Review: Paranoid London is a label born out of a desire to do things differently. A willingness to turn left when all around follow the beaten track. Wanting to stick out instead of blending in. The time is right for a brand new, old school acid label. The first release says it all - "We Make Acid" is an 8 minute, warehouse acid track from One Last Riot, with K. Alexi chanting over the top. A killer.
Review: The sporadic Paranoid London imprint returns with another single from the outfit devoted to championing acid tracks with old school production values. The A-side features "Paris Dub 1", a bass heavy example of understated 303 manipulations complete with snappy 808 percussion, which is complemented by an instrumental version on the flip for those who like their acid pure. Rounding out the 12" is a cut recorded and improvised entirely live at Manchester's Warehouse Project in 2008, but sounding like it could have been lifted from the mixer of an acid party from Chicago in '85.
Review: There's a fair chance that you'll have missed Paranoid London's four singles to date; they were pressed in limited quantities, appeared in stores with no promotion, and quickly became must-have items for those obsessed with stripped back machine music and ragged acid house. Mercifully, the mysterious, no-holds-barred combo has decided to put out a double album containing much of this material, alongside a smattering of previously unheard cuts (including, most excitingly, a collaboration with Detroit legend DJ Genesis). The hard-to-find classics still sparkle - check the brilliantly sparse-but-heavy "Paris Dub 1" (with regular vocalist Paris Brightledge) and ragged "Transmission 5" (featuring a killer spoken vocal from Mutado Pintado) - while the new cuts are thankfully up to similarly high standard. Recommended.
Review: Given that acid revivalists Paranoid London have yet to put a foot wrong, it's no surprise to find that "(Vi-Vi) Vicious Games" is another absolute belter. It's taken from the duo's forthcoming album and features sometime Posthuman collaborator Josh Caffe channeling his inner Robert Owens and Jamie Principle over a retro-futurist backing track. In its full length, the track brilliantly combines Paranoid London's jacking drums and thrusting acid bass with dreamy chords and just the right amount of glassy-eyed melodic flourishes. It sounds like a classic TRAX release given the Paranoid London treatment, which I'm sure we all agree is a very good thing indeed. If you're in the mood for something even sleazier and more driving, the Bam Bam-inspired Dub has it covered.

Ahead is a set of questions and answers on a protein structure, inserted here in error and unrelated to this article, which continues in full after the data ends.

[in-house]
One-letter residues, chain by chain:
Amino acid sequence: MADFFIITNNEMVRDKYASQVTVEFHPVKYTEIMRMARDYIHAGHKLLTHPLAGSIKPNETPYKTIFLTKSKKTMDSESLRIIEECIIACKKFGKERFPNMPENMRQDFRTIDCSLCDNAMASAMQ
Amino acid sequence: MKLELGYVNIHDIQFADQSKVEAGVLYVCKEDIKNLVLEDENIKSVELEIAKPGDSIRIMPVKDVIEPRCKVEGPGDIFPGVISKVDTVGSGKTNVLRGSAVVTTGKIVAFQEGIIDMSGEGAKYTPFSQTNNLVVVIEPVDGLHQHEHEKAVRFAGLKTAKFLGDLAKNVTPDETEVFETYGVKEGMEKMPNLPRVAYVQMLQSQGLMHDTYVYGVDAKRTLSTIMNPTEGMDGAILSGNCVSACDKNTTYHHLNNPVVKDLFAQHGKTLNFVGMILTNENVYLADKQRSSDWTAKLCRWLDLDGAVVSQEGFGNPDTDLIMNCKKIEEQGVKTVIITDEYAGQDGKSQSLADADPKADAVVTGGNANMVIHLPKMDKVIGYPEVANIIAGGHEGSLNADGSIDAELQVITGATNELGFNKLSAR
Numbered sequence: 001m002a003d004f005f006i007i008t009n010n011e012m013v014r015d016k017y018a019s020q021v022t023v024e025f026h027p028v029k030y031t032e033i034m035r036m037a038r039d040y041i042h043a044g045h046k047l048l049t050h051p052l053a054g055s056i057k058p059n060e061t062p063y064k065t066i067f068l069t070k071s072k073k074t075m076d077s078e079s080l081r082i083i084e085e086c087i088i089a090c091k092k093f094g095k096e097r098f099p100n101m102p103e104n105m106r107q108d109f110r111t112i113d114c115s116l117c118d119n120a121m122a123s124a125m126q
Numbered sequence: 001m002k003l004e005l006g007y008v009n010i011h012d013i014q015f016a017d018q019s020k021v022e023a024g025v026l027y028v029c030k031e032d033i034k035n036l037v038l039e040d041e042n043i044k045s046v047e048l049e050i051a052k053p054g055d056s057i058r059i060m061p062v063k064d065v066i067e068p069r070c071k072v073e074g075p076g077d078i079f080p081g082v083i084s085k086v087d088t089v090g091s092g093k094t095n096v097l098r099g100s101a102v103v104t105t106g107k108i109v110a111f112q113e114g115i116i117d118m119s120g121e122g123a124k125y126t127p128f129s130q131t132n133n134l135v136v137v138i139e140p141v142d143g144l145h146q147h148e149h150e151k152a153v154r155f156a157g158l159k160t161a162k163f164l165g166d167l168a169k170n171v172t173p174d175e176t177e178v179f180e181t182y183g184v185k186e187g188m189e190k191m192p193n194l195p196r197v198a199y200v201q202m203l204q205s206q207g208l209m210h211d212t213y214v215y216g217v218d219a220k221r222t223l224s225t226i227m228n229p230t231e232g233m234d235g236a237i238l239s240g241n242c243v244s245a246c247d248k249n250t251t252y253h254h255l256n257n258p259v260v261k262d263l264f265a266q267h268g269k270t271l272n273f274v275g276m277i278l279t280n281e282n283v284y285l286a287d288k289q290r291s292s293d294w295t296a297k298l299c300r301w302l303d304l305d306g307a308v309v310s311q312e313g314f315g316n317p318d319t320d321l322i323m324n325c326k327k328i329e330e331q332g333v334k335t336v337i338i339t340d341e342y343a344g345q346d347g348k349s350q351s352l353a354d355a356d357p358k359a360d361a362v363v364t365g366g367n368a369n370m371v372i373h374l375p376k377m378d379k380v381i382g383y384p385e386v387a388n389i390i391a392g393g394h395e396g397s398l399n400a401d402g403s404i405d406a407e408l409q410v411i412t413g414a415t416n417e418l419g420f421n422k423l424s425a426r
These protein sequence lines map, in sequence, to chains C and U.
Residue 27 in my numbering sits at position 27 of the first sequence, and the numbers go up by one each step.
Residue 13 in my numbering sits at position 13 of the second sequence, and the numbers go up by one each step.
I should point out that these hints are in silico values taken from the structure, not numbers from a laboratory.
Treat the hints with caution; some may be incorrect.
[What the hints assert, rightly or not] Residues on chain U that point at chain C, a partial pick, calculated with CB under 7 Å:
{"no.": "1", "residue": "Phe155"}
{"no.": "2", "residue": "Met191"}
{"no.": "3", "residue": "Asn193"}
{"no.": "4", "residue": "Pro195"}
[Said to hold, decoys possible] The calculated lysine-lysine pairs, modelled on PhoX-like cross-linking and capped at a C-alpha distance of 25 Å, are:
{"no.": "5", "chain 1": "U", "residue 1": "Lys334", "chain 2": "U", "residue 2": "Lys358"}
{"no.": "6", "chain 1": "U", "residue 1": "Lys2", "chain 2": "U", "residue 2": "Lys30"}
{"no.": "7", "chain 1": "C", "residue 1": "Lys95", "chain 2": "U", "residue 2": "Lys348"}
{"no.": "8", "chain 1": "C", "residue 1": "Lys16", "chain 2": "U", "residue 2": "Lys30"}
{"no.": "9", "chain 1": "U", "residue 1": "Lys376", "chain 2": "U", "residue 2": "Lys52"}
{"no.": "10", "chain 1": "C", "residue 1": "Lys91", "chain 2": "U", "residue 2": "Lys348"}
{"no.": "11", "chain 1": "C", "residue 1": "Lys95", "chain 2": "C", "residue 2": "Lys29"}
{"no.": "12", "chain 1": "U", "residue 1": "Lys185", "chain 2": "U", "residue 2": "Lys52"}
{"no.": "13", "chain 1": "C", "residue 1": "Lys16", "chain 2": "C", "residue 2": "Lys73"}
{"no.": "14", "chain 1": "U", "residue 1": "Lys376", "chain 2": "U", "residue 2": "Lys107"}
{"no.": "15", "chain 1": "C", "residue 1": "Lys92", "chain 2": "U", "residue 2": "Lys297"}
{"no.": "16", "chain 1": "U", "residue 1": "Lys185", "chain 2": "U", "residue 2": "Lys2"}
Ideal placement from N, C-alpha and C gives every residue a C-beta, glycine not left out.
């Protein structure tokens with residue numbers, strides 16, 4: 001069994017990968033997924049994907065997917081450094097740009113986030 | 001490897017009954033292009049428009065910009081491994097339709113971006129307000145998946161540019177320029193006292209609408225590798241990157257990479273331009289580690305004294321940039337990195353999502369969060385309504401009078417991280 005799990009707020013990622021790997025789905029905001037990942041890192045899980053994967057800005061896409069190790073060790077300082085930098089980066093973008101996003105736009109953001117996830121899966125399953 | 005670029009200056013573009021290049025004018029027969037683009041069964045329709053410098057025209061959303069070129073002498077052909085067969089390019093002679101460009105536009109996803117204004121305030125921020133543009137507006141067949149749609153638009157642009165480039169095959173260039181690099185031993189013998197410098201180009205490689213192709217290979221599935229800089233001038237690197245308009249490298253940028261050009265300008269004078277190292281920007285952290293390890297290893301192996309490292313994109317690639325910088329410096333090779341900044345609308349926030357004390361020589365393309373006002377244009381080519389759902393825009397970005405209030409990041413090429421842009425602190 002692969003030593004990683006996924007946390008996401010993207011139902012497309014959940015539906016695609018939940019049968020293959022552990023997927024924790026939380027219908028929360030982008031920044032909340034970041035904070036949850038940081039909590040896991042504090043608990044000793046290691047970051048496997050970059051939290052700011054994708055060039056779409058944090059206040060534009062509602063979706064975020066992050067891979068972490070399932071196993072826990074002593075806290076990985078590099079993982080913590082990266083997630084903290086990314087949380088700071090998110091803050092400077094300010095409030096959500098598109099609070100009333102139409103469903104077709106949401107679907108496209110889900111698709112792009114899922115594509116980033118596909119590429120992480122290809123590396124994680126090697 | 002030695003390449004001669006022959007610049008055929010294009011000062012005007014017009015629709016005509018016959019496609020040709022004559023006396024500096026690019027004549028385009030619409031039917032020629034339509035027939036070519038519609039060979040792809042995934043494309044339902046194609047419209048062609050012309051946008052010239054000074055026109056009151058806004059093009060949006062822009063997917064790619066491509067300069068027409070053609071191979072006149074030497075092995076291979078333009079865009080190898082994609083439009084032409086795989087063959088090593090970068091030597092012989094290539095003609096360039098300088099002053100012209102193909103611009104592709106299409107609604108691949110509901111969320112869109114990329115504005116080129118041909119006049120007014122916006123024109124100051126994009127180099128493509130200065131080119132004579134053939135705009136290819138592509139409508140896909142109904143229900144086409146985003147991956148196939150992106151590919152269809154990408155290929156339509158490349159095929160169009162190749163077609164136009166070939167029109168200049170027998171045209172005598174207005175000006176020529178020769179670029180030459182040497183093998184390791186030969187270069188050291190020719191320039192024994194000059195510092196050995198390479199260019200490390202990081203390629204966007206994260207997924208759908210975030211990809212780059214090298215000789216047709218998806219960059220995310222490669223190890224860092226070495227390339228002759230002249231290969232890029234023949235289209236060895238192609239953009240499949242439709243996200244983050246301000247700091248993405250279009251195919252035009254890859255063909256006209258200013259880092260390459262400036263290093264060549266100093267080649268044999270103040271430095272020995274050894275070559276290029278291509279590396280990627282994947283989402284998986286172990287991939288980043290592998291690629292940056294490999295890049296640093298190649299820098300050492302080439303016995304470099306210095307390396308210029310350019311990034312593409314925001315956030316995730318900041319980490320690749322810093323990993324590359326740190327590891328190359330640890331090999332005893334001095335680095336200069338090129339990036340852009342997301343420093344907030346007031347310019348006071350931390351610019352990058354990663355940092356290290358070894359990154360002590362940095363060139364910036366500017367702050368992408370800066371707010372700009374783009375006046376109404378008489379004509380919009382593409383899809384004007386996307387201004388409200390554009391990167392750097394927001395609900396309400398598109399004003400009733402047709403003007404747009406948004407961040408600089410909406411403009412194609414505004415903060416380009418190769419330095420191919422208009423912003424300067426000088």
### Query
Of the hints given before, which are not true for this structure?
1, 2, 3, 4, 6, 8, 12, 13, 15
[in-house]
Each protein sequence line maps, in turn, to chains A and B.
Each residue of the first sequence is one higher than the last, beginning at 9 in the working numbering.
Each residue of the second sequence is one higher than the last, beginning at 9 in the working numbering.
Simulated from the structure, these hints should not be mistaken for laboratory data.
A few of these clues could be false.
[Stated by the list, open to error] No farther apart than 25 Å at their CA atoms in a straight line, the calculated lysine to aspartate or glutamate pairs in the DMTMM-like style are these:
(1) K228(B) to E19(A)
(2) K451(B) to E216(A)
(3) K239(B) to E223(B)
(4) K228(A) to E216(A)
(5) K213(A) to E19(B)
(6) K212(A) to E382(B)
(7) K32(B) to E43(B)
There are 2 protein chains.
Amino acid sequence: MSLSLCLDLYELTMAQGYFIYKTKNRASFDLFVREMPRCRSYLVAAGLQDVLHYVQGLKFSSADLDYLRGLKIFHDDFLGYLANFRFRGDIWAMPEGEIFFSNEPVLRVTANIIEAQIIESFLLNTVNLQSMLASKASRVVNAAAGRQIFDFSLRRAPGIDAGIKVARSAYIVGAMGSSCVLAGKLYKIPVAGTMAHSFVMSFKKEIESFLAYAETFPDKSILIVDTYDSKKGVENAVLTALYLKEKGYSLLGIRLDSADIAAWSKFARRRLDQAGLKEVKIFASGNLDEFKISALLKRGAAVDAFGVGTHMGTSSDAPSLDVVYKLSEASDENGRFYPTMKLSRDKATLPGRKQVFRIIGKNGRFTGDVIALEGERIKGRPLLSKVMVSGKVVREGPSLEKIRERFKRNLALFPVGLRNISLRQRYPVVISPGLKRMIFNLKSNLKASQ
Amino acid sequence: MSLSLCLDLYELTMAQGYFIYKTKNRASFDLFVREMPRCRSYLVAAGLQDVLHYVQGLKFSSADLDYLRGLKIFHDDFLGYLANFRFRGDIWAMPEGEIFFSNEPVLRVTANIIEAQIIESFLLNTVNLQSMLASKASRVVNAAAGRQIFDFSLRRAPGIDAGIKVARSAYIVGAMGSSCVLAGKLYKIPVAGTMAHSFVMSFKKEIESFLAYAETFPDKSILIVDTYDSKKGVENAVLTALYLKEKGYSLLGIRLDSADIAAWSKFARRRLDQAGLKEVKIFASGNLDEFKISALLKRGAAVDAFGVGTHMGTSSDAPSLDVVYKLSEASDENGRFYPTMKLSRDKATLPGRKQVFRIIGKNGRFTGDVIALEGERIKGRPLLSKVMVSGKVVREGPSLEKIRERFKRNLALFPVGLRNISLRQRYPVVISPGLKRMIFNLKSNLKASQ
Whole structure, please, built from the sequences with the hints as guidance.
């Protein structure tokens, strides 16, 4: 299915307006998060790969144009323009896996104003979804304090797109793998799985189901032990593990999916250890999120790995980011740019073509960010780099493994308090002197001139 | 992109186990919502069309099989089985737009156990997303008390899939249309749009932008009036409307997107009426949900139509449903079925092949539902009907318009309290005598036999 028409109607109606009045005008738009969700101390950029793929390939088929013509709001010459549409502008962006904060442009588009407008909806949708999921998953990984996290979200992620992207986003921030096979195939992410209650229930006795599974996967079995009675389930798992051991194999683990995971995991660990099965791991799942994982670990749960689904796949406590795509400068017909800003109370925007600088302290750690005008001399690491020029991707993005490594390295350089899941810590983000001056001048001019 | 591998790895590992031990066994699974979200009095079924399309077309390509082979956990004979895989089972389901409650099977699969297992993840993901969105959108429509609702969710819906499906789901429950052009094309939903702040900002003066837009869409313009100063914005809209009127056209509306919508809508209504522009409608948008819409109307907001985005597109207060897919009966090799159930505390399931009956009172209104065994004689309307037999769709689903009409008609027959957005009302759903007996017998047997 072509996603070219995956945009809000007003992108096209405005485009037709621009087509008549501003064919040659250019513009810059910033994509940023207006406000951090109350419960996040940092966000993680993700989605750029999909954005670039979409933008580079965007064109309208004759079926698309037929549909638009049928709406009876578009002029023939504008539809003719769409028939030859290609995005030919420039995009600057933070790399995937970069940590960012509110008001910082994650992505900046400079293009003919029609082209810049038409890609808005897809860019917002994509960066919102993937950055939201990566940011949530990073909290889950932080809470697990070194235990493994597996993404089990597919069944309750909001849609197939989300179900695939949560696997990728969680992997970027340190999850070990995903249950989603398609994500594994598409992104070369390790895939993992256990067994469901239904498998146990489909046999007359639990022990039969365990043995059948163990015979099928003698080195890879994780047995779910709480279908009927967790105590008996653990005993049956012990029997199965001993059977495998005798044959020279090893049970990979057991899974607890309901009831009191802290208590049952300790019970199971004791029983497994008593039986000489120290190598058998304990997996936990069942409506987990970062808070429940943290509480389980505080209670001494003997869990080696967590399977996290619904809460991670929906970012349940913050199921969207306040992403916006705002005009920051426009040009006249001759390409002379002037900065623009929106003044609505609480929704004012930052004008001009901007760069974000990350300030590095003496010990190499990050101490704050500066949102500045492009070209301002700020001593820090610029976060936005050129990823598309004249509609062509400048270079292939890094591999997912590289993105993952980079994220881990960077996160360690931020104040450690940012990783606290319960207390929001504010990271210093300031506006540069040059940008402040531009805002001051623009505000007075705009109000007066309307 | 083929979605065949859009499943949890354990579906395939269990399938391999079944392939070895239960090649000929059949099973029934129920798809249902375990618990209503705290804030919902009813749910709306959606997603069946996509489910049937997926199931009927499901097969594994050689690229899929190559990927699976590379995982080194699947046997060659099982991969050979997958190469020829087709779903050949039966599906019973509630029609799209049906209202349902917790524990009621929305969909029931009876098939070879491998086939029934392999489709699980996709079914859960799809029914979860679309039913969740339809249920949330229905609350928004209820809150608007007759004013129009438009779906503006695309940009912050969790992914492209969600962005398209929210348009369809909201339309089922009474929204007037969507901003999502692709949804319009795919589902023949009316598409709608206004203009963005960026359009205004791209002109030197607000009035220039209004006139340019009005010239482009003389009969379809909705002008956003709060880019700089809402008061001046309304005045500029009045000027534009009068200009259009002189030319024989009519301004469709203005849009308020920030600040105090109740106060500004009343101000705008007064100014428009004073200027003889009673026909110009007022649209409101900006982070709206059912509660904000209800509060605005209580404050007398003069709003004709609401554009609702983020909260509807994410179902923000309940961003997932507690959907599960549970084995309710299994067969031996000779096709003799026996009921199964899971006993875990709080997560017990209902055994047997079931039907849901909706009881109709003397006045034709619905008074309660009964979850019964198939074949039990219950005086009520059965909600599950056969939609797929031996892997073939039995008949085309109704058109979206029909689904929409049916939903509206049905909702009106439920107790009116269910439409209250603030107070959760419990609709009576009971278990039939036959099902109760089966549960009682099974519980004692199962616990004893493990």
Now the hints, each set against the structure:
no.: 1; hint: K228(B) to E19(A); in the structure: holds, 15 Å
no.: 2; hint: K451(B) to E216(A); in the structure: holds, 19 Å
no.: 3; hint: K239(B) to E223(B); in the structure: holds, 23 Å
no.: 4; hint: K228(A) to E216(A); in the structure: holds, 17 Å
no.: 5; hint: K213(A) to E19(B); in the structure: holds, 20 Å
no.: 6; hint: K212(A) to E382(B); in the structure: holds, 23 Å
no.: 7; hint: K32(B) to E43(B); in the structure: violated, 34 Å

Review: Given their famously militant approach to music formats, it's a surprise to see Paranoid London's previously vinyl-only 2014 debut album finally being issued on CD. For those who missed out first time around, it's well worth checking. As you might expect, it makes great use of both vintage analogue equipment and similarly old skool influences, in turn doffing a cap to Phuture-style Chicago acid, Inner City, hip-house, Green Velvet, Dance Mania style ghetto-house, and stripped-back, dancefloor-friendly machine soul. Despite the ragged nature of some of the material, it's both hugely listenable and hangs together impressively - no mean feat given the DJ-friendly nature of the tracks. It all adds up to a retro-futurist treat.
Review: Back in July, hardware fetishists and acid house revivalists Paranoid London returned with We Come To Rock, their first 12" single for three years. Here they build on that success with two more razor-sharp, 303-enhanced hardware jams for sweat-soaked basements and pitch-black warehouses. Of the two, it's the more ragged and psychedelic "Our Man Though" that hits home hardest, thanks largely to the combo layering waves of twisted acid lines on top of distorted, teak-tough drum machine beats. "Give Me The" is a little more sedate in comparison, but still impresses thanks to its smart combination of a menacing groove, pitched-down vocal samples, and occasional, undulating acid motifs.
Review: Acid house hooligans Paranoid London are back with another session of raw hardware driven shenanigans on the We Come To Rock EP. On the A side, the title track is one totally infectious and funky groove which boldly declares "We come to rock!" no guesses where that sample comes from and that perfect amount of dust and overdrive coats this gutsy vintage flavoured groove. On the flip "Buck Stoppin" sounds like classic Egyptian Lover on this surefire DJ tool with an emphasis on some killer vintage drum machine rhythms.
Review: Across a smattering of releases, the Paranoid London crew have built up something of a cult following without having to rely on the usual press or promo channels. How they do that, you say? By specialising in their own distinct brand of acid house, blending dark analogue productions with live vocals from exotically named artists such as Mulato Pintado and Paris Brightledge. With last year's Paris Dub 1 currently the subject of some high prices amongst vinyl speculators, a second edition arrives in timely fashion and the combination of Paranoid London's Acid and Paris Brightledge's vocal once again works wonders. Yes this is simple, but some of the best house music is just that. Do not sleep.
Review: With the 303-heavy sounds of their "Paris Dub 1" still ringing in our ears from last summer, the anonymous Paranoid London outfit return with the fifth release on their eponymous imprint, aptly named Transmission 5. Once again hooking up with vocalist Mutado Pintado, the track sees a sinister spoken word vocal laid over a subtle acid line, complete with raw drum machine manoeuvres, while the flip sees a straight instrumental. Stripped back, but deadly as the last - don't sleep on this one...